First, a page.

Saturday, March 29, 2014

French Fika

When you're going to Sweden, the first thing you should learn about is fika. (FEE-ka)  It's like a coffee date (or break at work) that usually includes something sweet to eat.  Gothenburg is very much a cafe city, and now that the weather is getting warmer I can feel the excitement for people to fika outside.  Cafes even offer blankets with their outdoor seating when the weather isn't quite warm enough.  You can have tea or a smoothie instead of coffee, and sometimes it includes a more substantial food component such as an open-faced sandwich (smörgås).  Steve's colleagues have fika at least twice a day, which could be described as the Swedish equivalent of conversation around a water cooler.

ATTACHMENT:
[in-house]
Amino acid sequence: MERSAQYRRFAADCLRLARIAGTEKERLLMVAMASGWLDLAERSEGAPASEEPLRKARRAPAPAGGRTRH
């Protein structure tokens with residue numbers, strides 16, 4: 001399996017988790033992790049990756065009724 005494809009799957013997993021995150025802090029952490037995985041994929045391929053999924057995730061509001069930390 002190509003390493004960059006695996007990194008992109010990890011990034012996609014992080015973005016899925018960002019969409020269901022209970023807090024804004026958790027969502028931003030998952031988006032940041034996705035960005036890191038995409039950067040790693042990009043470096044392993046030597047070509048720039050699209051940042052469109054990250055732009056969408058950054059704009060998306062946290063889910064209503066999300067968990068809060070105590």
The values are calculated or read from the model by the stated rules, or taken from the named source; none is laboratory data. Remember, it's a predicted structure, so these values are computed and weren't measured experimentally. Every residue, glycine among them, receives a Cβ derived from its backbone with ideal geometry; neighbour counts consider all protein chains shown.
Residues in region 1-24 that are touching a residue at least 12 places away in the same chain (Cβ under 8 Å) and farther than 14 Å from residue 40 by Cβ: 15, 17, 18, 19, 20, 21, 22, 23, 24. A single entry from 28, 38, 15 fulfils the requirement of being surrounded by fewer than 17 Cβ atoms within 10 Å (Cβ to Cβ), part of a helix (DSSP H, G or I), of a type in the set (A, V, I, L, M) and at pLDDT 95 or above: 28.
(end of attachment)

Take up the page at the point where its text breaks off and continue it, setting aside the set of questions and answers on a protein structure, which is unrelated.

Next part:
My friend Jackie lives a couple blocks away, so yesterday we met in the middle at Le Pain Français.  Ironically I can read the menu better there than at most Swedish cafes.  Sometimes I can get the gist of something in Swedish solely on the basis of Swedish-English similarities, but French often helps me with words like umbrella (paraply/parapluie), eggplant (aubergine), and lemon (citron).  I'm picking up Swedish words here and there, but Swedes are happy to practice their English when they detect that I don't speak Swedish.

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